Source: Wrong Number: Why Phone Companies Overcharge For Data

Detecting Depression From How (Not What) You Browse

August 14th, 2012 08:54 admin View Comments

Social Networks

New submitter FreedomFirstThenPeac writes “Apparently we can diagnose you as depressed if the mechanics of your internet use fit certain patterns. By using a cleverly embedded questionnaire that classifies the subject as depressed, and by using existing net usage data collection to collect features (variables), researchers at the Missouri University of Science and Technology were able to correctly predict the diagnoses of the questionnaire using the net usage data (PDF). I wonder if this could be a new Firefox plug-in, designed to help parents detect depression in their adolescents by tracking the mechanics (not the sites) and automatically emailing them if their ward is showing increasing signs of depression.”

Source: Detecting Depression From How (Not What) You Browse

Why Young Males Are No Longer the Most Important Tech Demographic

June 8th, 2012 06:32 admin View Comments


An anonymous reader writes “The Atlantic has an article discussing how 18- to 35-year-old males are losing their place as the most important demographic for tech adoption. ‘Let me break out the categories where women are leading tech adoption: internet usage, mobile phone voice usage, mobile phone location-based services, text messaging, Skype, every social networking site aside from LinkedIn, all Internet-enabled devices, e-readers, health-care devices, and GPS. Also, because women still are the primary caretakers of children in many places, guess who controls which gadgets the young male and female members of the family get to purchase or even use?’ The article points out that most of the tech industry hasn’t figured this out yet — perhaps in part to a dearth of women running these companies.”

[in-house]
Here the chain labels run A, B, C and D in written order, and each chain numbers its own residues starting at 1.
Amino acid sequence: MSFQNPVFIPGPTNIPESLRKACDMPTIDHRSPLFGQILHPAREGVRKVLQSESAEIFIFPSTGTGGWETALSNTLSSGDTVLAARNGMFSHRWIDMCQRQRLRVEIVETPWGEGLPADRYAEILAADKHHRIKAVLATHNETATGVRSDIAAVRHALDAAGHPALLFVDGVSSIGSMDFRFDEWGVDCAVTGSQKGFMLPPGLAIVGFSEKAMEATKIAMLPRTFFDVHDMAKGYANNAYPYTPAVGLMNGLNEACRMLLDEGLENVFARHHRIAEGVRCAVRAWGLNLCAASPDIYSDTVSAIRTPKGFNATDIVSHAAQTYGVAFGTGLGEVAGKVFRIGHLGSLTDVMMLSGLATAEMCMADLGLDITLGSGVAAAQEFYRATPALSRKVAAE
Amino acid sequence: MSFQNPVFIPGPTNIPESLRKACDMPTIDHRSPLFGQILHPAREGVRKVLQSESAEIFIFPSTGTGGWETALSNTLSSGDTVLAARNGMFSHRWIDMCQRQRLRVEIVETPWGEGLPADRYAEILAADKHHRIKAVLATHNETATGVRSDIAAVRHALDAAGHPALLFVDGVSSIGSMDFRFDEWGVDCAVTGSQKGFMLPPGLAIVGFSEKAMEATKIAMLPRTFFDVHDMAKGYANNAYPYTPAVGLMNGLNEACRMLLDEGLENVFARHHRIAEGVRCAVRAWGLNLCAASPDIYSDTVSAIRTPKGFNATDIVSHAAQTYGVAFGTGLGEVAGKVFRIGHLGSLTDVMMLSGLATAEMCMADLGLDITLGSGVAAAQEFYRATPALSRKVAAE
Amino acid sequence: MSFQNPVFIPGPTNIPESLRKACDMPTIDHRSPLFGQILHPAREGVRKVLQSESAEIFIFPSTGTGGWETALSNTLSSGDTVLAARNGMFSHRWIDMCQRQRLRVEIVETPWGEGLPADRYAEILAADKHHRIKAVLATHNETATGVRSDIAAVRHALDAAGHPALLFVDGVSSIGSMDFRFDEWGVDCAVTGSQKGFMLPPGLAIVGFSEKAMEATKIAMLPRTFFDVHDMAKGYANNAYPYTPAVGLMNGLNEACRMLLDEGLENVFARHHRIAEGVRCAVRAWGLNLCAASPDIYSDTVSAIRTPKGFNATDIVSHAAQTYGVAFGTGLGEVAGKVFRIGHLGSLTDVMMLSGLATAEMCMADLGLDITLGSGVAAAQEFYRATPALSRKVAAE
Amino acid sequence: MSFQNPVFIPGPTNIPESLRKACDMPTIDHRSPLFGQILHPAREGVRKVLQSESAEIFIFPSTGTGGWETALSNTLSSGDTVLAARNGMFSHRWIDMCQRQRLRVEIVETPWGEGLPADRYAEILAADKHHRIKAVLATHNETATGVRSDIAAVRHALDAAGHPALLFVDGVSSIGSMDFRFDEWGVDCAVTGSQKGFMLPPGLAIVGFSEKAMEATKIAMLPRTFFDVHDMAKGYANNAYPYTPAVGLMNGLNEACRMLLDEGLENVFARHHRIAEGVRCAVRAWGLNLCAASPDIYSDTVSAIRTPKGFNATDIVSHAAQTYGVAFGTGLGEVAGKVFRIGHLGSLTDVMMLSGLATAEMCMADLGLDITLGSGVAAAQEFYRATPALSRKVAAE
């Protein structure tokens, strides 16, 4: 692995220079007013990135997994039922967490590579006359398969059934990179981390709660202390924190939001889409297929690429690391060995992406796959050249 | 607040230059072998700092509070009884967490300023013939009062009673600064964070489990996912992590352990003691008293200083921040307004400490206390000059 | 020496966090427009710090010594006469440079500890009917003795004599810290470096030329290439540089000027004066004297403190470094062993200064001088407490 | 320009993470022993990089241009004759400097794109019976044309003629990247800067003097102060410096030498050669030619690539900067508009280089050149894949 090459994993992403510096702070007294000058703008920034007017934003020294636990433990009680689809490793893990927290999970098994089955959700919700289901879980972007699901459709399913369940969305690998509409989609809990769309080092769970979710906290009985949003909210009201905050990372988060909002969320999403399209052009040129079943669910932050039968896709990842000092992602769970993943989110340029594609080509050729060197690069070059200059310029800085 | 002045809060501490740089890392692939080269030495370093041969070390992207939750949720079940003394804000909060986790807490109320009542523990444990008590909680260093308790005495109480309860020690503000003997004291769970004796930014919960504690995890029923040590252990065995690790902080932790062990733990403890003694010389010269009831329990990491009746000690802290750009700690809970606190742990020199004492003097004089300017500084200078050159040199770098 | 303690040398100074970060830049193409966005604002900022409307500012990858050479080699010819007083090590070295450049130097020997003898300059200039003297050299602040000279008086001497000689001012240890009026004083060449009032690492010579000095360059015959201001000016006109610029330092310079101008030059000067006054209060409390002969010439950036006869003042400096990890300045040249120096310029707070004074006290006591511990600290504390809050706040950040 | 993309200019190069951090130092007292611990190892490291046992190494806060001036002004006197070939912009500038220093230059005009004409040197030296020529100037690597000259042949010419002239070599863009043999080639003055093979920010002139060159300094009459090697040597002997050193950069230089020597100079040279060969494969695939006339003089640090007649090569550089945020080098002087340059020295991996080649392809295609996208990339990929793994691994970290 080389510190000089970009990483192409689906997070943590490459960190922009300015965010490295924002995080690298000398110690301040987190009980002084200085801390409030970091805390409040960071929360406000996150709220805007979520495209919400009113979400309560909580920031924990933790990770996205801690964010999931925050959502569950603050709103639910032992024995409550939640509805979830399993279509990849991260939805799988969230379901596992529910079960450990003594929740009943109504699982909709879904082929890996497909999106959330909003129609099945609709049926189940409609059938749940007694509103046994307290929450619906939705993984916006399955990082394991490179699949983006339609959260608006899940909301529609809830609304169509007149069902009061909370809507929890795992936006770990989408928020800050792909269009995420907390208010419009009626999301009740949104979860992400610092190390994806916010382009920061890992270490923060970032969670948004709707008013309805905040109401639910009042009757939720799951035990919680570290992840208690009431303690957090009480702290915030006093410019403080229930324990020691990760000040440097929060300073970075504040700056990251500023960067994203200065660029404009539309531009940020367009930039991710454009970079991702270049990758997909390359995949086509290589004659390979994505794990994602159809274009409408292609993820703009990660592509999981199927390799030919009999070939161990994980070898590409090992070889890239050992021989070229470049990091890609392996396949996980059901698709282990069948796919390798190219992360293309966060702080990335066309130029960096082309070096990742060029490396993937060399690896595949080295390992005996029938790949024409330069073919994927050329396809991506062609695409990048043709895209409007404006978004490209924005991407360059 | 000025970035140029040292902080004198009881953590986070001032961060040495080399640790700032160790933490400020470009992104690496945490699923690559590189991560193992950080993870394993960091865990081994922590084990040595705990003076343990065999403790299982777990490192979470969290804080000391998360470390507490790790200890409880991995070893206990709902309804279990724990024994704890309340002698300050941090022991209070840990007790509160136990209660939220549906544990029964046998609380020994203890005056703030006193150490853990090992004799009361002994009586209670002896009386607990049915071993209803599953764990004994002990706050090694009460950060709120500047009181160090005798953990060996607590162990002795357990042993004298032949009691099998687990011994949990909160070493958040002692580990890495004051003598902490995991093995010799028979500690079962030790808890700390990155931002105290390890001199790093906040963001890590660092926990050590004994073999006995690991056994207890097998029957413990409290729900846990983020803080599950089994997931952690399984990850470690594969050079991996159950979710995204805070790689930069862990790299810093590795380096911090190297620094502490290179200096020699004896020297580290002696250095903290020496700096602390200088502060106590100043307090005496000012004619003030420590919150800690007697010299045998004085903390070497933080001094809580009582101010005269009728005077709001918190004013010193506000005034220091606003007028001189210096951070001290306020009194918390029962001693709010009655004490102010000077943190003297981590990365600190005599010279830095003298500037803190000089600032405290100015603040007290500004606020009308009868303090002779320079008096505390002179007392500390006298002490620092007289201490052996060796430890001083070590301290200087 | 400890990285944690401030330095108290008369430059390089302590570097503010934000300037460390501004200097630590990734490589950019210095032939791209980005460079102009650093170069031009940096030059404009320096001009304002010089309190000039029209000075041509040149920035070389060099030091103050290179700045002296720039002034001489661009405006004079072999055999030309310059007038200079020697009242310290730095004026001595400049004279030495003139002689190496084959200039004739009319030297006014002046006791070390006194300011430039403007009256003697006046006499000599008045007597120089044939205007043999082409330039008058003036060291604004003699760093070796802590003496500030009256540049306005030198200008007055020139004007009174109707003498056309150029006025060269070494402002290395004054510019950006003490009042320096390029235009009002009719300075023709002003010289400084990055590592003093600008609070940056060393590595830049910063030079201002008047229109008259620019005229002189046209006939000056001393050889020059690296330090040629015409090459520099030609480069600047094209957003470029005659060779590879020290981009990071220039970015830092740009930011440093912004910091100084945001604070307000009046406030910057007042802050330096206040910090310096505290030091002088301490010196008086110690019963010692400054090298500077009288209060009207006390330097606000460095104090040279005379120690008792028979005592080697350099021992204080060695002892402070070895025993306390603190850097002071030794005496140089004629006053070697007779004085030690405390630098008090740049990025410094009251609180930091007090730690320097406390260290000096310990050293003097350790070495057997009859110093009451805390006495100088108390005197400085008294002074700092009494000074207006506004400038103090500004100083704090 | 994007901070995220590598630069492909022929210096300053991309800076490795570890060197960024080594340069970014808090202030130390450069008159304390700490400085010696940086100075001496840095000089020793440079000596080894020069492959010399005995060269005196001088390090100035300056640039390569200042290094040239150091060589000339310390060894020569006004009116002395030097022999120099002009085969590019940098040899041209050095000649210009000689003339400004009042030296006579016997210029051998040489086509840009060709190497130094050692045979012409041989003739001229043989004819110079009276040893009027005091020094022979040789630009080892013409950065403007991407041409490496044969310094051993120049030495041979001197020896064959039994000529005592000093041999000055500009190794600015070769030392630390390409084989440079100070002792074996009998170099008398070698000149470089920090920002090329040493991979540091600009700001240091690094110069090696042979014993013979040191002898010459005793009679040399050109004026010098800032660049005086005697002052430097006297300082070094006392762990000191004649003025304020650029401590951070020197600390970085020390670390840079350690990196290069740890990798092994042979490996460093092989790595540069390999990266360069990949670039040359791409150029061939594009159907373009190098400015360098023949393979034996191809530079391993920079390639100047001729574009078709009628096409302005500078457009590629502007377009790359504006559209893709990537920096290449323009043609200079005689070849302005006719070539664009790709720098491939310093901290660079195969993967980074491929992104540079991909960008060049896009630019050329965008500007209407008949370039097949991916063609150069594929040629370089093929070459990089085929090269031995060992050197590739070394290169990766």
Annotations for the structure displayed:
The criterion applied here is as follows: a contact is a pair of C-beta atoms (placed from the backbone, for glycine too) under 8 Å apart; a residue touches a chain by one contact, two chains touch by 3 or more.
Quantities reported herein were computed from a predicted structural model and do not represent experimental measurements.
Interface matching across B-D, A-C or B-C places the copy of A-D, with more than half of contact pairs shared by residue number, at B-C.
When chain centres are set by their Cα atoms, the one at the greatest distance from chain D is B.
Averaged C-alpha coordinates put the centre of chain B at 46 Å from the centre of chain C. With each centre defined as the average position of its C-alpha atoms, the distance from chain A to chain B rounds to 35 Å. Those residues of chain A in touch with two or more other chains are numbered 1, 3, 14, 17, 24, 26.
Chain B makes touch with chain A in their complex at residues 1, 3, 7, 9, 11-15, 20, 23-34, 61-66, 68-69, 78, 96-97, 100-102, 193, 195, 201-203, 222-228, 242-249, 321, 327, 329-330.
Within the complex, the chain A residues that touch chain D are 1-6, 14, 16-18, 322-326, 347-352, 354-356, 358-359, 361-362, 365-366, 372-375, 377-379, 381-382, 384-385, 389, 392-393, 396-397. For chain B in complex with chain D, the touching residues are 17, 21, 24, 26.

Source: Why Young Males Are No Longer the Most Important Tech Demographic

Coming Your Way… Less Intrusive Facebook Data Policies?

May 27th, 2012 05:19 admin View Comments


ainandil writes “Facebook may have to alter its data use policy now that grassrooters have driven enough complaints about the company’s proposed data usage policy to trigger a user vote on the matter. ‘Facebook’s proposed changes to its data use policy include new explanations of its data deletion practices as well as the controls that users have over the sharing of information with third-party applications. However, 47,824 users commented on the plans with many posting opposition to the planned new terms and instead calling for the chance to vote on the “demands” outlined by Europe-v-Facebook.’ Does this mean the days of the man-in-the-middle attack as social media are numbered?”